The value of web-enabled open innovation is not only related to the development of new gadgets or components; it also has huge potential for improving the processes which create such products.
The German-based car manufacturer Audi is a great example in this respect: Since few years ago, the company has organized various crowdsourcing competitions aimed at improving the efficiency of its manufacturing processes. The Audi Production Award, the name for the program, invites students, engineers, scientists and anybody who may be interested to submit and develop their visions into something relevant for Audi.
One of my favorite competitions in this program goes back to 2012: Under the slogan “People in Production”, the competition invited participants to think about how people will work in production in the future, and the kind of concepts that the future of production will require.
More than 70 teams competed in the program and a panel of judges that consisted of experts from Audi’s pre-development and innovation departments picked 7 top performing team to attend a workshop at Audi headquarters in Ingolstadt, where their concepts were presented and reviewed. The prize for the Audi Production Award 2012 was a trophy as well as €12,500.
As a result, the German Research Center for Artificial Intelligence was chosen as the winner of the grand prize. The winning concept looked at mobility, social networking and the digital factory introducing novel assistance systems, networking and training. The idea can be used in planning, production and assembly, assuming a realistic representation of the possible production processes for virtual training.
Where is the value?
Audi doesn’t necessarily plan on implementing the winning solution on its entirety, but contests of this nature provide many advantages besides implementation:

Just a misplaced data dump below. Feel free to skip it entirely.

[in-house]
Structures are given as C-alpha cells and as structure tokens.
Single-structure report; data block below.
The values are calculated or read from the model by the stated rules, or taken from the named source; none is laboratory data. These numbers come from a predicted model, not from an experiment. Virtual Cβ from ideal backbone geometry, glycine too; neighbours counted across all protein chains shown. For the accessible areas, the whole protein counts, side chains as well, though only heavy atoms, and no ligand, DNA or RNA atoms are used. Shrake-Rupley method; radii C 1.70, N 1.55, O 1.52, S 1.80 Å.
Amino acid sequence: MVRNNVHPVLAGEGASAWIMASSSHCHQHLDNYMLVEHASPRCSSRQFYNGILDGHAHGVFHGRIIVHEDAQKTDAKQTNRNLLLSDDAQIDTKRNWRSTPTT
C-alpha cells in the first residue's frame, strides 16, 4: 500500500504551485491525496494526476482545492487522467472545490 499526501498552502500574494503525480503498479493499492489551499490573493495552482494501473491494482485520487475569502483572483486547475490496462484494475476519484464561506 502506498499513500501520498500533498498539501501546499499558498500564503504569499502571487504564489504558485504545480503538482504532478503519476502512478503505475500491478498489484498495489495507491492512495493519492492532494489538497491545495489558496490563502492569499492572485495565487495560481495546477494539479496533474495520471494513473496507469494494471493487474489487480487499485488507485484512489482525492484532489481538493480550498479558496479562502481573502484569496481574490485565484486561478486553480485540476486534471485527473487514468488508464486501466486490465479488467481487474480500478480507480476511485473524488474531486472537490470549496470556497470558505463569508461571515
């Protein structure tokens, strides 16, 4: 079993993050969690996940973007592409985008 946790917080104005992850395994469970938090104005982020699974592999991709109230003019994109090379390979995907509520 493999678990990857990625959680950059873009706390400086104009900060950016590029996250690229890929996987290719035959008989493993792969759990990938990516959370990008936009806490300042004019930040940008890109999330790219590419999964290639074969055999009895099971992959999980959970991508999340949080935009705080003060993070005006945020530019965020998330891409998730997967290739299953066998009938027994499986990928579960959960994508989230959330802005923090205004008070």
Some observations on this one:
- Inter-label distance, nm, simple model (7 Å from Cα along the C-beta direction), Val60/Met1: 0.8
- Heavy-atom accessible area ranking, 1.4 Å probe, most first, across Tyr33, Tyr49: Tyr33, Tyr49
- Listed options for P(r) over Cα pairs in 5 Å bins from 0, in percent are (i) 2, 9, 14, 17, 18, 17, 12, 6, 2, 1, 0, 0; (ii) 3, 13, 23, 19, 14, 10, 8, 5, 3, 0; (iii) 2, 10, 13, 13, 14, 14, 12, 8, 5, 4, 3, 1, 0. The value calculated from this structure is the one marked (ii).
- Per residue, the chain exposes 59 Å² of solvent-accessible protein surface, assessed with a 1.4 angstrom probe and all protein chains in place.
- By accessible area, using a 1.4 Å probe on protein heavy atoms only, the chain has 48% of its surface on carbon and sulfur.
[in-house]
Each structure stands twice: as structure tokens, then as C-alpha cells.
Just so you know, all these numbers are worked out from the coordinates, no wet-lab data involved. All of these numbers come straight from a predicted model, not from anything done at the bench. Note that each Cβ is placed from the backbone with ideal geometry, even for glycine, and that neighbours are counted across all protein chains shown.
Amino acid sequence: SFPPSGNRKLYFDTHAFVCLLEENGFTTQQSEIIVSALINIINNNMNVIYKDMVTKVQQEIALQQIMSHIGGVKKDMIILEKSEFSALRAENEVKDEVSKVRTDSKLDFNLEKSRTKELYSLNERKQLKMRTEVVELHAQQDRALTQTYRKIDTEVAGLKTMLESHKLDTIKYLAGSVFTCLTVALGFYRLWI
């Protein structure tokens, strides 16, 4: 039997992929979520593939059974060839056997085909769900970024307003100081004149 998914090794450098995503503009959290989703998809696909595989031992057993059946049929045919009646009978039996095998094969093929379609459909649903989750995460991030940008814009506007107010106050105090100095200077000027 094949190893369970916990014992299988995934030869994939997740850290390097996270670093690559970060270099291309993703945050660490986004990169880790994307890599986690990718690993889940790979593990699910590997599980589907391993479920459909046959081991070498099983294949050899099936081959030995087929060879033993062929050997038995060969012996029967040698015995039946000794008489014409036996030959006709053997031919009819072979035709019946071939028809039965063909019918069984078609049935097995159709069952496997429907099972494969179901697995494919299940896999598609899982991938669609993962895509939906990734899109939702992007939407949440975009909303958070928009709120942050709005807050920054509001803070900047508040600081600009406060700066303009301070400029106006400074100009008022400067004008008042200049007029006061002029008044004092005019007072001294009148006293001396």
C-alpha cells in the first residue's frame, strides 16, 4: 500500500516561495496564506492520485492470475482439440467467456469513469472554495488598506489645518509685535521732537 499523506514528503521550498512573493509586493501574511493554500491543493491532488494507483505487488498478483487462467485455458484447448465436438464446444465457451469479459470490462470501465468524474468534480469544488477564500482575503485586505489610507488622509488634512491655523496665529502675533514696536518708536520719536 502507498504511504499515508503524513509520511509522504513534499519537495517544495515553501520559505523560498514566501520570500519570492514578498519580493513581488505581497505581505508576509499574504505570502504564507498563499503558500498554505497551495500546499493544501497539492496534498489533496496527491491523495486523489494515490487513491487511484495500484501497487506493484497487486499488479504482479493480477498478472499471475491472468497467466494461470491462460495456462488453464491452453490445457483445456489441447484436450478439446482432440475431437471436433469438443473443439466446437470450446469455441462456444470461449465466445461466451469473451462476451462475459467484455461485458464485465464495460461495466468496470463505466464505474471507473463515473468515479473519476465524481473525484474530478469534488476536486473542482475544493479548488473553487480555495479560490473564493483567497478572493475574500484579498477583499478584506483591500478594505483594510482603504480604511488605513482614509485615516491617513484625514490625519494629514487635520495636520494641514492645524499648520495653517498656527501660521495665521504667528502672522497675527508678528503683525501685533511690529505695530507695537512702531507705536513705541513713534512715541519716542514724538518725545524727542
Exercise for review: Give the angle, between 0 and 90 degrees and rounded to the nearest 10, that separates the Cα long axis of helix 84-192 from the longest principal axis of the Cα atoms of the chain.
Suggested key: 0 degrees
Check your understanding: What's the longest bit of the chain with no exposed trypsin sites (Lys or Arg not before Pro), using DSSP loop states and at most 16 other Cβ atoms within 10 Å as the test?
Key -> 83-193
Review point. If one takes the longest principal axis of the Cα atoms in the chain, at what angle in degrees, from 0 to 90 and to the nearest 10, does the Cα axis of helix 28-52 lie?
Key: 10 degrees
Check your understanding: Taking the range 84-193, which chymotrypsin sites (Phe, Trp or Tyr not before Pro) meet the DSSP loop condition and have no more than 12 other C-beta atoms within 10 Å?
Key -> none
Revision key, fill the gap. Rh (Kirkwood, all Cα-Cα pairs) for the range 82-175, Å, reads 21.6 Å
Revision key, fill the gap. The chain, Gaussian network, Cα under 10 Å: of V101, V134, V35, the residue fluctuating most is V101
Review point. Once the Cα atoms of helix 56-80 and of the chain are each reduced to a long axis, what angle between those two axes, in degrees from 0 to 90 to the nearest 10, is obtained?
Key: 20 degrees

Firstly, they bring much-needed focus to the thinking of company’s scientists and engineers through dialogue with external community members with fresh eyes. Additionally, Audi can build up a library of potential solutions for improvement without committing to payments or specific timeline. How is this possible?
Well, the contest participants retain the copyright and rights of their concepts, and can use them in any way they see fit. However, by submitting their solutions they give their consent to Audi’s right to implement their submission, either in part or in full.
Even though there may be no immediate tangible benefit to open innovation competitions such as this, the advantages for both participants and hosts are many. For example:
Lastly, such contests are a cheap yet effective way to identify bright engineering and technology talent. In fact it seems much better to expose potential candidates to the real problems the company wants to address instead of conducting regular job interviews.
What do you think?